United States- DPRK Relations Is Normalization Possible?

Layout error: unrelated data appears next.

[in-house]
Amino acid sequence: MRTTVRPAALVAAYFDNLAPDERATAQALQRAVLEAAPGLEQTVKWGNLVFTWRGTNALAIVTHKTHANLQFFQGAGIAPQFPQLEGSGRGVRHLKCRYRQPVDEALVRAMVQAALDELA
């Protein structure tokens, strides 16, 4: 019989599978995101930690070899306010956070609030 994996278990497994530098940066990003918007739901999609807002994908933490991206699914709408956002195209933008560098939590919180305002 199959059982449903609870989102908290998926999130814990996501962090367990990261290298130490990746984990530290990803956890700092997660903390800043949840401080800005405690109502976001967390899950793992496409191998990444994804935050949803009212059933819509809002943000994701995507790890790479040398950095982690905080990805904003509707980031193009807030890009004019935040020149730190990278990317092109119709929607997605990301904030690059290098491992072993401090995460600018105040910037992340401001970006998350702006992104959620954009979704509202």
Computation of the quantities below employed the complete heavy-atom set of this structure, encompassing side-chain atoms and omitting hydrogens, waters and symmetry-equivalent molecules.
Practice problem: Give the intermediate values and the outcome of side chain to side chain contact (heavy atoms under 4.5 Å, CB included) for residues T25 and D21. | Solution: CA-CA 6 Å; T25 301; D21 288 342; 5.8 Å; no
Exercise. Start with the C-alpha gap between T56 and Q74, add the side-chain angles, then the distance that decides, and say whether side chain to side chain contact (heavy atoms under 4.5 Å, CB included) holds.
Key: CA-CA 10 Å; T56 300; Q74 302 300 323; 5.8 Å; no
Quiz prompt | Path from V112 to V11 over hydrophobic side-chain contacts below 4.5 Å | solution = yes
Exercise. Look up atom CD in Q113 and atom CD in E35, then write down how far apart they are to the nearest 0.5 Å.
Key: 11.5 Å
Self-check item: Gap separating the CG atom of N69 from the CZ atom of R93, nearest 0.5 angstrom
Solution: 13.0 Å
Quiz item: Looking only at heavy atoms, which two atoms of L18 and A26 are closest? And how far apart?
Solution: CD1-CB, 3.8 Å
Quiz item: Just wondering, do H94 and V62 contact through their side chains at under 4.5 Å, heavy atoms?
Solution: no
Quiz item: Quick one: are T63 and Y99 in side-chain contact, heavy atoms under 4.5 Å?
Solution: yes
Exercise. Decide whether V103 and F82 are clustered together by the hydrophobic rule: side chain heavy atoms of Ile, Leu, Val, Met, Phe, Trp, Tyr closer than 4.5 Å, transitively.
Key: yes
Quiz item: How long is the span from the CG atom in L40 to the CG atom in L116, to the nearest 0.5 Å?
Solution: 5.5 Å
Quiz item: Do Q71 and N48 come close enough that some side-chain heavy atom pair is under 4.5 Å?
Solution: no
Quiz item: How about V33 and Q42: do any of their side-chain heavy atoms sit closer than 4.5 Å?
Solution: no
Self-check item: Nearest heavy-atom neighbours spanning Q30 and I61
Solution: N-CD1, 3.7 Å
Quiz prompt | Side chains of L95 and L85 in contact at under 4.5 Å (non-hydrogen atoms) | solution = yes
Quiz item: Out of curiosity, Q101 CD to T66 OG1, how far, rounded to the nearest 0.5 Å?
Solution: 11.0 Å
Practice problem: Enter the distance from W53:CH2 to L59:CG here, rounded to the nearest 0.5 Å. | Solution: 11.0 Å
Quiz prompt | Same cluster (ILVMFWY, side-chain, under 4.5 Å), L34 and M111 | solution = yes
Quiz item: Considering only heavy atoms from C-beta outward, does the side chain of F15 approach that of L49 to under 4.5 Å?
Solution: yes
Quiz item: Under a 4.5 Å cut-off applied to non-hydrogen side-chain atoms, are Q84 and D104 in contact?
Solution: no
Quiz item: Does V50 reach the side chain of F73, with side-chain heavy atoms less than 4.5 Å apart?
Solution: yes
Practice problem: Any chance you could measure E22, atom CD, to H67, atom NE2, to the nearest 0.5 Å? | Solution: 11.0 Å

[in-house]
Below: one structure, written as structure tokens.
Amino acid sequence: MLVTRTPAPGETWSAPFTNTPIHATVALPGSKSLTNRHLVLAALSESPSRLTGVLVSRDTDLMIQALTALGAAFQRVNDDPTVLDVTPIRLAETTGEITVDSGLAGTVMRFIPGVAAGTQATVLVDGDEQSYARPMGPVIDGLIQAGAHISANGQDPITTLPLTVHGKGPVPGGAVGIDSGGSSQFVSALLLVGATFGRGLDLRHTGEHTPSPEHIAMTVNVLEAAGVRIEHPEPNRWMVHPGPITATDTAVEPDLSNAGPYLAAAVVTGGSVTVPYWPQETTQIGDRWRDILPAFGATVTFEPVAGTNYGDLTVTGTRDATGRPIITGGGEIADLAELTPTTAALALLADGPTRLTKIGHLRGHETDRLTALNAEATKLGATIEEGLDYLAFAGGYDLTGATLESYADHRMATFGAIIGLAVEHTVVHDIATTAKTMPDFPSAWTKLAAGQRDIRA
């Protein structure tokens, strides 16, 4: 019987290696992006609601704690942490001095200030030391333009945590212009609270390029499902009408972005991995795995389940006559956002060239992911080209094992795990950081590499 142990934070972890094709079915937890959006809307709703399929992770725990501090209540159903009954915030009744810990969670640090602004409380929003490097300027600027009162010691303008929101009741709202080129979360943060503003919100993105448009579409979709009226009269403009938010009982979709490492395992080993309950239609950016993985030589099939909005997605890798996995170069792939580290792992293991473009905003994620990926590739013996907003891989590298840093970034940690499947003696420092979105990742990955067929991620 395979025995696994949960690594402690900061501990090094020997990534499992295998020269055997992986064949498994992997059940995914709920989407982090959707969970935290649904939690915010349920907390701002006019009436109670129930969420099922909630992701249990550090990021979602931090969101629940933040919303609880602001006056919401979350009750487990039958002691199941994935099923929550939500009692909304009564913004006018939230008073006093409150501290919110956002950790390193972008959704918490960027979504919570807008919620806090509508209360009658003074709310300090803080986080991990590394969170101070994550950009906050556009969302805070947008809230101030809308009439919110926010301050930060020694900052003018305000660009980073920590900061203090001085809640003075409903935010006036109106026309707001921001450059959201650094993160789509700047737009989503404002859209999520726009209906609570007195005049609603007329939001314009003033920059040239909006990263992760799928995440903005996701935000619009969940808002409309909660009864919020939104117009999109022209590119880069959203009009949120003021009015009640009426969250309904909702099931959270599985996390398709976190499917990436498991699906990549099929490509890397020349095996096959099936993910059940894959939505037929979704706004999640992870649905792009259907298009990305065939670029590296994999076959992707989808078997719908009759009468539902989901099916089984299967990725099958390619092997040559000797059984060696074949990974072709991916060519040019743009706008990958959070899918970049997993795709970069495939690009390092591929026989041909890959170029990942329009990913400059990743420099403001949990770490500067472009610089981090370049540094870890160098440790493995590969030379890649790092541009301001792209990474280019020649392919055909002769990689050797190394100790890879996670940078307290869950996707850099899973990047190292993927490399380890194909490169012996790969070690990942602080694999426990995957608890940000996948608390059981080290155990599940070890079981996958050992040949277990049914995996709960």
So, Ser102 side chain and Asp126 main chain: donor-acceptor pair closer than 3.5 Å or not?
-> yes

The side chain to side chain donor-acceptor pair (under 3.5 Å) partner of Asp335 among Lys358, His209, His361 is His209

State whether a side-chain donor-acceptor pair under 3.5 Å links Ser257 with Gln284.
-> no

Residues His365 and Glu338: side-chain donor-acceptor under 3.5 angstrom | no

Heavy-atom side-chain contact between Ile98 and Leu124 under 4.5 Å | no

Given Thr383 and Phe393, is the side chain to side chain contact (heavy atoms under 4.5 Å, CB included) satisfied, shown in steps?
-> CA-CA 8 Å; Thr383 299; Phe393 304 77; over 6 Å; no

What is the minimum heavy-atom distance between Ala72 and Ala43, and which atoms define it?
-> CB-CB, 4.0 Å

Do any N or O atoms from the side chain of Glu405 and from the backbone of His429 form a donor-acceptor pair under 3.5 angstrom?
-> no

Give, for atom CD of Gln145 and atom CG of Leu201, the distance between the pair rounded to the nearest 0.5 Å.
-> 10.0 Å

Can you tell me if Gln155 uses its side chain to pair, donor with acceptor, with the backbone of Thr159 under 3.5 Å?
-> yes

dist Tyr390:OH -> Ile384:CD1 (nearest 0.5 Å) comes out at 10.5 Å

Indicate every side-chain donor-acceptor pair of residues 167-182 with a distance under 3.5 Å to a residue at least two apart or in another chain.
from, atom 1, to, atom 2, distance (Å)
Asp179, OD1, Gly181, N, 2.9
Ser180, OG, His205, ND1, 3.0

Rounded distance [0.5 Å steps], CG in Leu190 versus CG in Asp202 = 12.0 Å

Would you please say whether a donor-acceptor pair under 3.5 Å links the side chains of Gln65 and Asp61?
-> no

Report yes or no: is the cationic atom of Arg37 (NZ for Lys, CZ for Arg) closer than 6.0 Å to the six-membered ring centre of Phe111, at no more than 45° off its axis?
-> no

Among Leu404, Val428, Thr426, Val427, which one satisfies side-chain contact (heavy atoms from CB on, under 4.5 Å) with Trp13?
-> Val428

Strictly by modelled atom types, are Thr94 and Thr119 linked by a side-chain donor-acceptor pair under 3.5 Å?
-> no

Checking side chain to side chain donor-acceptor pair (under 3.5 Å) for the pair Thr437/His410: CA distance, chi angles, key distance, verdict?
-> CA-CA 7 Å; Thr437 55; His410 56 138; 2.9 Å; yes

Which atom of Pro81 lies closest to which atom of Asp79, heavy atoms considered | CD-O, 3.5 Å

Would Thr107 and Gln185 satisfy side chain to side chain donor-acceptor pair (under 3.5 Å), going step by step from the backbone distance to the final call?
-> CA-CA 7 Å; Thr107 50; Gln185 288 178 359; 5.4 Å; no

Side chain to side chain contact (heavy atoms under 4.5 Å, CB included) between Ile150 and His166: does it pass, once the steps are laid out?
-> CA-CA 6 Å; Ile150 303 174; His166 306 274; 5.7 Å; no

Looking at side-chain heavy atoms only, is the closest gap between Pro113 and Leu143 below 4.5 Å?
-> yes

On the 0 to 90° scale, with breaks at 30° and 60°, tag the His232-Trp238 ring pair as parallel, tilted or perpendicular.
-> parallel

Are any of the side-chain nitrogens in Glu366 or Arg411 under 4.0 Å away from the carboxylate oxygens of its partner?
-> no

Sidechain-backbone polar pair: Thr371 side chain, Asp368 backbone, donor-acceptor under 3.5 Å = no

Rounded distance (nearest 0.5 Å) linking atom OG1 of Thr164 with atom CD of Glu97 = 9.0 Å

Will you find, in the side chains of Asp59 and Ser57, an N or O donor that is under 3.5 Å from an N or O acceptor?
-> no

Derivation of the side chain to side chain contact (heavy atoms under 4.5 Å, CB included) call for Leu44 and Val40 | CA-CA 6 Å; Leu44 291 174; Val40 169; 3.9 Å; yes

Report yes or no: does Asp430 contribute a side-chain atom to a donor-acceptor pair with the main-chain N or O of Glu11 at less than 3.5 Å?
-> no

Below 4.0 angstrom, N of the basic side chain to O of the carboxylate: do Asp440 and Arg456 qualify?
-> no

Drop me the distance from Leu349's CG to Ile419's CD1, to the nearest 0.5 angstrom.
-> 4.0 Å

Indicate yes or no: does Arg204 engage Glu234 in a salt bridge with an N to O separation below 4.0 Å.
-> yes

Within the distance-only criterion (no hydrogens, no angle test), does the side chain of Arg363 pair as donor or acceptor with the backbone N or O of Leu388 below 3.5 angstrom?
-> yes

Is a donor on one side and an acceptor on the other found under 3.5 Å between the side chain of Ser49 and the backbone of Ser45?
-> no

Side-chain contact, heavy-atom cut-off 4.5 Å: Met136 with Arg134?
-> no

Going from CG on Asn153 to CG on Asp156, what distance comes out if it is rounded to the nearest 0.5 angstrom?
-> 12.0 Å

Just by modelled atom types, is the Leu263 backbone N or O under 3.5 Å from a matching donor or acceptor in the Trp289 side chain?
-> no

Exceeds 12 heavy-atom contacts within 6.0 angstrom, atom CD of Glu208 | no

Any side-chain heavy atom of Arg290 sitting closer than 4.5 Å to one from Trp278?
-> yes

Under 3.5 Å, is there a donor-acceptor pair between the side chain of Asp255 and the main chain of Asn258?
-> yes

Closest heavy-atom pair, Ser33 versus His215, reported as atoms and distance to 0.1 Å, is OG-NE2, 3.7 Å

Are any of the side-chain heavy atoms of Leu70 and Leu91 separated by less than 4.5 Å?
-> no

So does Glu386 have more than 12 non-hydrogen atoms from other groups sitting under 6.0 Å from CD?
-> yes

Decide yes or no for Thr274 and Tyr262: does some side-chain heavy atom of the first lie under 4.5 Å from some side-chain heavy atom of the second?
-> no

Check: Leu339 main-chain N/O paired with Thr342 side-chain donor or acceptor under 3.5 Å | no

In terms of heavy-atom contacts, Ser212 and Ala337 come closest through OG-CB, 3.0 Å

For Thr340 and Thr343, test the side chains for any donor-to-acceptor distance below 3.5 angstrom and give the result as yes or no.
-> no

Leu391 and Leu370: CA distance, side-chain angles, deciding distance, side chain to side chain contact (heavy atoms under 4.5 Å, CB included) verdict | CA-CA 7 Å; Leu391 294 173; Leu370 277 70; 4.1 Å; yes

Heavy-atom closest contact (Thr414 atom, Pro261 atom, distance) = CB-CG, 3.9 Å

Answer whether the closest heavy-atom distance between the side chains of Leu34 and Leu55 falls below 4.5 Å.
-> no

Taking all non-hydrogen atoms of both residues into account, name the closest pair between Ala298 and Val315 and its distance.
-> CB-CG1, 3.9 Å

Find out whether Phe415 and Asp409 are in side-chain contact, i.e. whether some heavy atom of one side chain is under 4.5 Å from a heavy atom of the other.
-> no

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  A Report o the CSIS RUSSIA AND EURASIA PROGRAM United States- DPRK Relations  Is Normalization Possible? OCTOBER 2019 PREFACE   Jeffrey Mankoff  AUTHOR Anastasia Barannikova  United States- DPRK Relations  Is Normalization Possible? PREFACE Jeffrey Mankoff  AUTHOR Anastasia Barannikova OCTOBER 2019 A Report o the CSIS Russia and Eurasia Program  United States-DPRK Relations: Is Normalization Possible | II  About CSIS Established in Washington, D.C., over 50 years ago, the Center or Strategic and International Studies (CSIS) is a bipartisan, nonprofit policy research organization dedicated to providing strategic in sights and policy solutions to help decisionmakers chart a course toward a better world.In late 2015, Tomas J. Pritzker was named chairman o the CSIS Board o rustees. Mr. Pritzker succeeded ormer U.S. senator Sam Nunn (D-GA), who chaired the CSIS Board o rustees rom 1999 to 2015. CSIS is led by John J. Hamre, who has served as president and chie executive officer since 2000.Founded in 1962 by David M. Abshire and Admiral Arleigh Burke, CSIS is one o the  world’s preeminent international policy in stitutions ocused on deense and security; regional study; and transnational challenges ranging rom energy and trade to global development and economic integration. For eight consecutive years, CSIS has been named the world’s number one think tank or deense and national security by the University o Pennsylvania’s “Go o Tink ank Index.”Te Center’s over 220 ull-time staff and large network o affiliated schol ars conduct research and analysis and develop policy initiatives that look to the uture and anticipate change. CSIS is regularly called upon by Congress, the executive branch, the media, and others to explain the day’s events and offer bipartisan recommendations to improve U.S. strategy.CSIS does not take specific policy positions; accordingly, all views expressed herein should be understood to be solely those o the author(s). © 2019 by the Center for Strategic and International Studies. All rights reserved. Tis report is made possible by the generous support o Carnegie Corporation o New York. Te statements made and views expressed are solely the responsibility o the author.Center or Strategic & International Studies1616 Rhode Island Avenue, NW  Washington, D.C. 20036202-887-0200 |  Anastasia Barannikova | III Contents Preace IV Introduction: Why Dialogue Must Continue 11 | Possible Consequences o Ending U.S.-North Korea Dialogue 22 | Benefits o Continued Dialogue 143 | Regional Actors’ Positions on the U.S.-DPRK 204 | Ostensible and Real Goals o the Parties to the Dialogue 265 | Nuclear Weapons and North Korea’s Strategic Goals 366 | Dialogue Formats 427 | Russian Position on the Korean Nuclear Problem 488 | Conclusions and Recommendations 52 About the Author 55  United States-DPRK Relations: Is Normalization Possible | IV Preace For decades, North Korea has posed one o American diplomacy’s most intractable challenges. Despite international isolation, multiple rounds o UN Security Council sanctions, the collapse or transormation o its ormer Communist patrons, and economic calamity, the government in Pyongyang—now on its third generation o Kims—has proven remarkably resilient. It has one o Asia’s largest armies and nuclear and missile capabilities that hold its closest neighbors at risk, and is on the threshold o developing intercontinental ballistic missiles (ICBMs) capable o striking the United States. Multiple U.S. administrations have sought to orce Pyongyang to abandon these weapons programs, primarily by escalating economic and military pressure. Neither pressure nor diplomacy, such as the now-abandoned Six Party alks, has had much success. In this new report, Dr. Anastasia Barannikova, a Research Fellow at Adm. Nevelskoy Maritime State University in Vladivostok, Russia and a visiting ellow with the CSIS Russia and Eurasia Program rom January-May 2019, proposes a radically different approach. Based on her analysis o North Korea’s own strategic objectives, Barannikova suggests that  Washington renew its efforts at bilateral dialogue with Pyongyang without preconditions, accept the Kim regime as a legitimate actor, and build relations with it as a means o tilting the overall balance o power in East Asia in its avor.Tis approach is at odds with what or decades has been conventional wisdom in  Washington. It would require the U.S. to undamentally rethink how it manages deterrence and non-prolieration, and downplay considerations about North Korea’s abysmal human rights situation. For those reasons, it is likely to generate strong objections in many quarters.  Yet with America’s North Korea strategy at a dead end, Barannikova is surely right that it is time to re-think basic assumptions underpinning that strategy. As a Korea expert with a deep knowledge o North Korean political dynamics and strategic culture, as well as an outsider to Washington’s endless arguments about dealing with Pyongyang, Barannikova brings a resh approach to a problem that has bedeviled U.S. policy makers or decades. We hope that her report will jump-start a much-needed conversation about how to deal with  what may be the most dangerous flashpoint on earth. JEFFREY MANKOFF Senior Fellow, CSIS Russia and Eurasia Program
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